NEW YORK (The Deal) -- In the latest of what's become a slew of pet retail-related transactions, Pet Supermarket founder Charles "Chuck" West on Thursday sold the purveyor of premium pet foods to Atlanta private equity firm Roark Capital Group for a valuation that sources expect to be as high as $480 million.
While financial terms of the transaction weren't disclosed, the privately owned specialty retailer of pet products in the Southeast generates north of $300 million in sales, according to Thursday's announcement.
Pet Supermarket, founded in 1973 by West as Pet Circus, became Pet Supermarket in 1986. The Sunrise, Fla.-based retailer runs 155 specialty pet stores that offer holistic pet food and supplies, as well as vaccinations for dogs, cats and various small animals, including hamsters and tropical fish.
The sale process for Pet Supermarket was robust and included only private-equity firms, according to one source who asked to remain unnamed. Pet Supermarket declined to engage with strategic buyer, Phoenix-based PetSmart, that source said. Another unnamed source indicated that the sale process got underway late last year.
Pet Supermarket likely generates between about $25 million and $40 million in annual EBITDA, and the deal was likely valued at upwards of 10 and 12 times EBITDA, according to these unnamed sources.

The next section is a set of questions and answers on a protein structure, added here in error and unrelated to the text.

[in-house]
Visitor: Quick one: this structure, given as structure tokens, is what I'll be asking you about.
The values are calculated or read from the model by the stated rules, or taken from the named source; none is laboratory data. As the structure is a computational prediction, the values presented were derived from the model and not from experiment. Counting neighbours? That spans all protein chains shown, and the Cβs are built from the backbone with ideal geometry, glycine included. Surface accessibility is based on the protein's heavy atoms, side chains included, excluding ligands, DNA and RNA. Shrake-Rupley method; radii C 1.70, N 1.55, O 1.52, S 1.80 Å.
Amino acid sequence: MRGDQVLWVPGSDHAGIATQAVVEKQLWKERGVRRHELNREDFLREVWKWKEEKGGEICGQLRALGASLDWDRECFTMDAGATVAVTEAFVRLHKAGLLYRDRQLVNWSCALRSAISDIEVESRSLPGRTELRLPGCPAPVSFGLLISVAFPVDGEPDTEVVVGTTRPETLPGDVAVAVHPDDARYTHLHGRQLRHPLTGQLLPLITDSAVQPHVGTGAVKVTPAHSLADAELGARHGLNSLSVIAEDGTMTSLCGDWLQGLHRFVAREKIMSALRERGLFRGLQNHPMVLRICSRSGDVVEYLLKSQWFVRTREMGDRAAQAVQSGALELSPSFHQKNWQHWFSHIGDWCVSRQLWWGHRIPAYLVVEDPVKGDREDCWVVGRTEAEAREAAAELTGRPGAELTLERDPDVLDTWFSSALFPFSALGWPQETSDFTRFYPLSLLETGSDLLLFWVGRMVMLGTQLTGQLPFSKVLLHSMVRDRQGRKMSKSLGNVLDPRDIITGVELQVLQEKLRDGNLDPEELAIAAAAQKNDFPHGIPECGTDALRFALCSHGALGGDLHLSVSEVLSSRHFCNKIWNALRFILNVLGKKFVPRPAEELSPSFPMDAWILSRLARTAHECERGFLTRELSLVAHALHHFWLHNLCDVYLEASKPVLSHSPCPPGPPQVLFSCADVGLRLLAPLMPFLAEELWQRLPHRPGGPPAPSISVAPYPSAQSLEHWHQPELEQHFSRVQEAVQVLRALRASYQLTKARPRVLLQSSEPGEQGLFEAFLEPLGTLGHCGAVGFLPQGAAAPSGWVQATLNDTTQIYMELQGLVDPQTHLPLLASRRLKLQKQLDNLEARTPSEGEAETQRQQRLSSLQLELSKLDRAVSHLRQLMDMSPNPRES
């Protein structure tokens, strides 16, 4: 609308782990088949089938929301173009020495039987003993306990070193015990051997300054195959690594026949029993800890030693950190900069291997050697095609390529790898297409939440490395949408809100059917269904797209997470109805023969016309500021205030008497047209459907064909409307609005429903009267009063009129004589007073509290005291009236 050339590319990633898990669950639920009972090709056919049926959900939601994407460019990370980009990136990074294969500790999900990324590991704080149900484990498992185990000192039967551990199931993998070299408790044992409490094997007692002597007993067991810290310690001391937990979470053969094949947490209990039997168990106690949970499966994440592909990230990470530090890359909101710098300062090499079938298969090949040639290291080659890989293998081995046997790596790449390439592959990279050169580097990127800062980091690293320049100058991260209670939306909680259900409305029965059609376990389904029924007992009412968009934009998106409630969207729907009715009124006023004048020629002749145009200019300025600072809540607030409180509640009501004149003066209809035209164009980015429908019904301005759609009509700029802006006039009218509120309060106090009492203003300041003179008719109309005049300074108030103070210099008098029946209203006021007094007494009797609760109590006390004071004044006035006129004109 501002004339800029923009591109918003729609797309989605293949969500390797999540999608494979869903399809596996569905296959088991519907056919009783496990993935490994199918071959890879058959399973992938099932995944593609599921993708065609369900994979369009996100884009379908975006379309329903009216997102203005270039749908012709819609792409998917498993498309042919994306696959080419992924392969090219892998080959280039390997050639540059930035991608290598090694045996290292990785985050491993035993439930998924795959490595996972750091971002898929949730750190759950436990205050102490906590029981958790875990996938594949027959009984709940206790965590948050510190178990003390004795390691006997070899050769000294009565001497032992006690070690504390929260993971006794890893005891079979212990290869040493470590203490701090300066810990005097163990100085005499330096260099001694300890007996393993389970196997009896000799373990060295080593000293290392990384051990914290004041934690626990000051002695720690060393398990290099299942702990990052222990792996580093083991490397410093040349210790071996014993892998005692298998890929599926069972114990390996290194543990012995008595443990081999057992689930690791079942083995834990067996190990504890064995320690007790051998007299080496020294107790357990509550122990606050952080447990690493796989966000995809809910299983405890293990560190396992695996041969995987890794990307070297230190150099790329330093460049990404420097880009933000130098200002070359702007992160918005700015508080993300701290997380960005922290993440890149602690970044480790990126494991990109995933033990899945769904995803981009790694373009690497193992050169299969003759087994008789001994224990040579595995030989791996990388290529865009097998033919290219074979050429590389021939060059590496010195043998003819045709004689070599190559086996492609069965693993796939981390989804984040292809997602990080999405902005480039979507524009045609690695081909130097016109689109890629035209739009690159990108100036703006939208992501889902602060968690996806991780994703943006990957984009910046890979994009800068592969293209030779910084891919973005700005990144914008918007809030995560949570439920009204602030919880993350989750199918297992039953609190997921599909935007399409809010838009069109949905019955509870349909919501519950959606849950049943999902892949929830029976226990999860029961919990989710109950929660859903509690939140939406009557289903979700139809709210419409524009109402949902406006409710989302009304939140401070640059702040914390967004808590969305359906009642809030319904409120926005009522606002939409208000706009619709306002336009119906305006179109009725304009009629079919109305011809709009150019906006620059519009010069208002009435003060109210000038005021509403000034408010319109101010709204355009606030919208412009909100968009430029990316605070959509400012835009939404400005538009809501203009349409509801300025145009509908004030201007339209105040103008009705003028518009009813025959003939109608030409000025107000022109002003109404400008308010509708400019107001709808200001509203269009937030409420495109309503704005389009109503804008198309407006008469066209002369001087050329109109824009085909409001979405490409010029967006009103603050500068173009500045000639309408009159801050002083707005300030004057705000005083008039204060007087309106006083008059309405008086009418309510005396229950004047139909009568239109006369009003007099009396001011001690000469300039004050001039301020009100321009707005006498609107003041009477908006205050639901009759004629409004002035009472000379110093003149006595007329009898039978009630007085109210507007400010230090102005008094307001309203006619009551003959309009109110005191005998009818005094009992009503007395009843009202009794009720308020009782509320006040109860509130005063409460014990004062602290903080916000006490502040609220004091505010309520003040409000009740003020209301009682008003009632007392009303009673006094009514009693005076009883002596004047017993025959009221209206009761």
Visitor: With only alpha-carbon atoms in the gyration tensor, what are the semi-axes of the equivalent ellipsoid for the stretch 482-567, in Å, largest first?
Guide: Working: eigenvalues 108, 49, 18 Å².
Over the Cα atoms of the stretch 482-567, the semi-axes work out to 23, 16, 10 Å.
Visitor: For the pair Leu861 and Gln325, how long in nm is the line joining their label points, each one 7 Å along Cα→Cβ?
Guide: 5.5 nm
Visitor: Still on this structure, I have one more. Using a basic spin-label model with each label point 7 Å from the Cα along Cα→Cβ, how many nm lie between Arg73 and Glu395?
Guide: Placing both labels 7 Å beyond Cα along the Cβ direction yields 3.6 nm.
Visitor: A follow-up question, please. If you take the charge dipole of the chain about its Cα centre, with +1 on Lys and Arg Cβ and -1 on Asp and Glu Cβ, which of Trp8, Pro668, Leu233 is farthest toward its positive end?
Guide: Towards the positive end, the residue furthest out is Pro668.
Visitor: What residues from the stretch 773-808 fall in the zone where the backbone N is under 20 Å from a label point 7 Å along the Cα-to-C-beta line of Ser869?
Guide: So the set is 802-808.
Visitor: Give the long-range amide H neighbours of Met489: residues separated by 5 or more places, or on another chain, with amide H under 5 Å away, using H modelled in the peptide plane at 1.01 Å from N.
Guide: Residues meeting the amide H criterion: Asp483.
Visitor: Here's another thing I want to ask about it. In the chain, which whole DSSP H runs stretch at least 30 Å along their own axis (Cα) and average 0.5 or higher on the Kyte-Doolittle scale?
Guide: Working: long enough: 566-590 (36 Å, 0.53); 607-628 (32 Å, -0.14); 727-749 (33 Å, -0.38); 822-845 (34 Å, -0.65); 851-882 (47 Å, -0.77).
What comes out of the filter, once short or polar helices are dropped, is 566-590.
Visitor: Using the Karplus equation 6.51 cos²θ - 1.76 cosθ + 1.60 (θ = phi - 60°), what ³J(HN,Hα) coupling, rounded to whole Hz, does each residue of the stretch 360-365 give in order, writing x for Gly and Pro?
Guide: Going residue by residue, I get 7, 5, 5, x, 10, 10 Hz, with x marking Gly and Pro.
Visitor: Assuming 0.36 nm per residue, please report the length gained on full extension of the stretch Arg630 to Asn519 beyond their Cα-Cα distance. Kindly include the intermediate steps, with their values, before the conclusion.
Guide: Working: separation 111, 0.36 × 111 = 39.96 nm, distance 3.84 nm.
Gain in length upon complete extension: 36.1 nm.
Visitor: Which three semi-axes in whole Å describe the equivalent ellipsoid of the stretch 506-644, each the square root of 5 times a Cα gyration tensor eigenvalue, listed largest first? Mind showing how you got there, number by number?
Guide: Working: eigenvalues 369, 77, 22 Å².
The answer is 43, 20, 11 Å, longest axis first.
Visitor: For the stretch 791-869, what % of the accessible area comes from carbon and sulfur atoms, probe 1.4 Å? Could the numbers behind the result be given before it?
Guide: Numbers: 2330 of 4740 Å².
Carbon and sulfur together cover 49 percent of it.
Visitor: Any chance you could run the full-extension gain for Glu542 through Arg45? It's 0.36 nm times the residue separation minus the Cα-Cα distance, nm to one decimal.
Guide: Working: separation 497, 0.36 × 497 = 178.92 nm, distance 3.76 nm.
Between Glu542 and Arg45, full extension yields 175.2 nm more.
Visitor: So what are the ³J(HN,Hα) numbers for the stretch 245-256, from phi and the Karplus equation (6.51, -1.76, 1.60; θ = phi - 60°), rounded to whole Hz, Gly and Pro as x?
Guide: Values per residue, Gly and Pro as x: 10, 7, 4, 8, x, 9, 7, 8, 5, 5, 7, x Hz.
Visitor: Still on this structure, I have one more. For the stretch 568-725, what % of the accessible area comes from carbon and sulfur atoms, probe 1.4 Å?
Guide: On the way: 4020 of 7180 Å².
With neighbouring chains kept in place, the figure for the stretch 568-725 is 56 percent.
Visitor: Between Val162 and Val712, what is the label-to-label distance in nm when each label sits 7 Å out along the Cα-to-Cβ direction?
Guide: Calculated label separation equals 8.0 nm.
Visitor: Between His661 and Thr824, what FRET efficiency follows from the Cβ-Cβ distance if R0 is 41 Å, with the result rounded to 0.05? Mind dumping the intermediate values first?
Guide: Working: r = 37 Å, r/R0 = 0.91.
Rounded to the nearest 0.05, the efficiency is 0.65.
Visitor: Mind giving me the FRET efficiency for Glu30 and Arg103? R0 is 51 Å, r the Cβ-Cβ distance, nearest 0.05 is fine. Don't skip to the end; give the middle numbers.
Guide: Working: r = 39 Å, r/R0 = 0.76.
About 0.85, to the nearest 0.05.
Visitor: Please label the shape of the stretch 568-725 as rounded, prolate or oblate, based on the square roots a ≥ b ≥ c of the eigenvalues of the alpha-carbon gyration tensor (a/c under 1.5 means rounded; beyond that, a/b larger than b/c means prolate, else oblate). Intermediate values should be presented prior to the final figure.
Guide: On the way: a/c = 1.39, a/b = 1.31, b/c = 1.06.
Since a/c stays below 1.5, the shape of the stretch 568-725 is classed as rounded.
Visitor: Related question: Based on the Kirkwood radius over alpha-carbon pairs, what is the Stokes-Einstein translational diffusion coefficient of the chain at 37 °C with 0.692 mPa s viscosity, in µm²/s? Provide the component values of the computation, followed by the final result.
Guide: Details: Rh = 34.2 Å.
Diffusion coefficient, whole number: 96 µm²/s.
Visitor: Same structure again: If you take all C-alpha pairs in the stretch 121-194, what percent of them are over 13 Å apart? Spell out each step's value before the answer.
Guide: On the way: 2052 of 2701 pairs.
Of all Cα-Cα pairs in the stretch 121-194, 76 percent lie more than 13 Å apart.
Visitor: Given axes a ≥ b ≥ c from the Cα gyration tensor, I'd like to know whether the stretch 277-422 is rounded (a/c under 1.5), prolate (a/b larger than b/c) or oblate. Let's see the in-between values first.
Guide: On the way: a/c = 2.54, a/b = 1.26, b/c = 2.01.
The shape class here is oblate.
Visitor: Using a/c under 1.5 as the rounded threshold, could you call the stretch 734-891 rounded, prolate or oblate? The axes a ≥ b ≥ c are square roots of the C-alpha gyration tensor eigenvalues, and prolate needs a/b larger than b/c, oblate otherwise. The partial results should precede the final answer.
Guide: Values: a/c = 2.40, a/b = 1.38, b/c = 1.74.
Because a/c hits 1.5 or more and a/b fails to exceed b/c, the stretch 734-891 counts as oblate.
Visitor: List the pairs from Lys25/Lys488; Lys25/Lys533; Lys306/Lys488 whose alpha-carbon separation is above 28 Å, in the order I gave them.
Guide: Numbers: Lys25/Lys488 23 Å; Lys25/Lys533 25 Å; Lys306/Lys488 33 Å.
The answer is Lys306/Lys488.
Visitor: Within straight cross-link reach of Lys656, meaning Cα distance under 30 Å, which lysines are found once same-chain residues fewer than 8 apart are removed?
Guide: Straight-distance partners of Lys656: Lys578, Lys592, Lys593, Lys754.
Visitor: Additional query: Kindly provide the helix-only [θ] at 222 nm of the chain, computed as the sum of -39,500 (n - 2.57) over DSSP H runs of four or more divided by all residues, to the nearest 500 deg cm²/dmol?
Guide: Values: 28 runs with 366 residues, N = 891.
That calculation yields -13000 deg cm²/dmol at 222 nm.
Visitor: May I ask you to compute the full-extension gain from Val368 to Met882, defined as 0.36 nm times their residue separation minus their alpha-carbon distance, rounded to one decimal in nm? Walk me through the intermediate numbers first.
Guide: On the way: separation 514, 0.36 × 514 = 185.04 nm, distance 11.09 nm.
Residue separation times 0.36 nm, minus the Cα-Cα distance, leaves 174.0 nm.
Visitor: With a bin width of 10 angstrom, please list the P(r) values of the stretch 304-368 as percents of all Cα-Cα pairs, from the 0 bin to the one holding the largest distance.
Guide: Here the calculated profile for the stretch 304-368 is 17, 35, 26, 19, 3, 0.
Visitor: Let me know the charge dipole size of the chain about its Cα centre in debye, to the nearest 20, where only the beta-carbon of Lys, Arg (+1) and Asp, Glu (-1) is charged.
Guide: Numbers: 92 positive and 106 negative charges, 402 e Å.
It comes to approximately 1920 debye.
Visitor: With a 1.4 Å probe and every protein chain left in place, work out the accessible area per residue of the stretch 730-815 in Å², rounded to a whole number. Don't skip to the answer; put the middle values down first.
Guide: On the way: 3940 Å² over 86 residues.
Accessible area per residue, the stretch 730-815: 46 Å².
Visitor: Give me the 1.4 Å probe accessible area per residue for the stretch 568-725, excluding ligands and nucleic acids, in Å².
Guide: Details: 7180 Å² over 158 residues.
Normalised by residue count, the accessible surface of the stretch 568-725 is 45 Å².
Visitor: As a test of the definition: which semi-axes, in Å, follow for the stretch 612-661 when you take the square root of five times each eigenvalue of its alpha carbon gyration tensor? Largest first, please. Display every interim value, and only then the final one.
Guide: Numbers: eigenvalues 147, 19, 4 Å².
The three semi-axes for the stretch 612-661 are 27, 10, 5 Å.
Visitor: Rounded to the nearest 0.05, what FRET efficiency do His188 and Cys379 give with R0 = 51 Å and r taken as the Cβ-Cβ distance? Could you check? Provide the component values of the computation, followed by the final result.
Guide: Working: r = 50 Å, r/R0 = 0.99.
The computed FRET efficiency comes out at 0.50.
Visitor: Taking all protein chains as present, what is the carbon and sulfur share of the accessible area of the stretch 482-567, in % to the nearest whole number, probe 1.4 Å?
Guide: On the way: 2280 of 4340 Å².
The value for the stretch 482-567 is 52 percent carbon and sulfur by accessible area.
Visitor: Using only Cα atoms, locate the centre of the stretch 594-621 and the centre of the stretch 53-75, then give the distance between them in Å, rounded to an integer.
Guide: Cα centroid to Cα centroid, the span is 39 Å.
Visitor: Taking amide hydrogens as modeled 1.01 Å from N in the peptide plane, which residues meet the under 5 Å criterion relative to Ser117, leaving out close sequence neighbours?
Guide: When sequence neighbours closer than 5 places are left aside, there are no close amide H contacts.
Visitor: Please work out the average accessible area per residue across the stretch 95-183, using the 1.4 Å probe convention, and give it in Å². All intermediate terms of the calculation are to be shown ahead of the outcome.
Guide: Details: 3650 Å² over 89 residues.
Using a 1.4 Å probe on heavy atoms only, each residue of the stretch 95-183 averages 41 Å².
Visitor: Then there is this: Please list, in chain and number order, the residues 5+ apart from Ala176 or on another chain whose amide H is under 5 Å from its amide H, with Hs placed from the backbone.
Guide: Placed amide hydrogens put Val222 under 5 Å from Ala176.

On the high end, that would put a potential price tag at about $480 million, or $250 million on the low.
While its unit economics were compelling, the timing for a sale was logical because Pet Supermarket didn't necessarily possess the infrastructure required to take it to the next level, one of the sources said.
A valuation in the range of 10 to 12 times, while on the high end when compared with recent deals in the pet industry, was fair given Pet Supermarket's already strong market share and the significant room it has to grow, the second source added.
It's been a busy six months in the pet retail space.
Petco Animal Supplies, backed by Leonard Green & Partners and TPG Capital, agreed on Nov. 19 to buy Foster and Smith, which, a source previously told The Deal, generates about $250 million in annual revenue.
When a BC Partners-led consortium bought PetSmart for $8.7 billion on Dec. 14, it paid about 9.1 times the target's EBITDA, though that was more of a turnaround story. At its current large size, PetSmart doesn't have as much room to grow.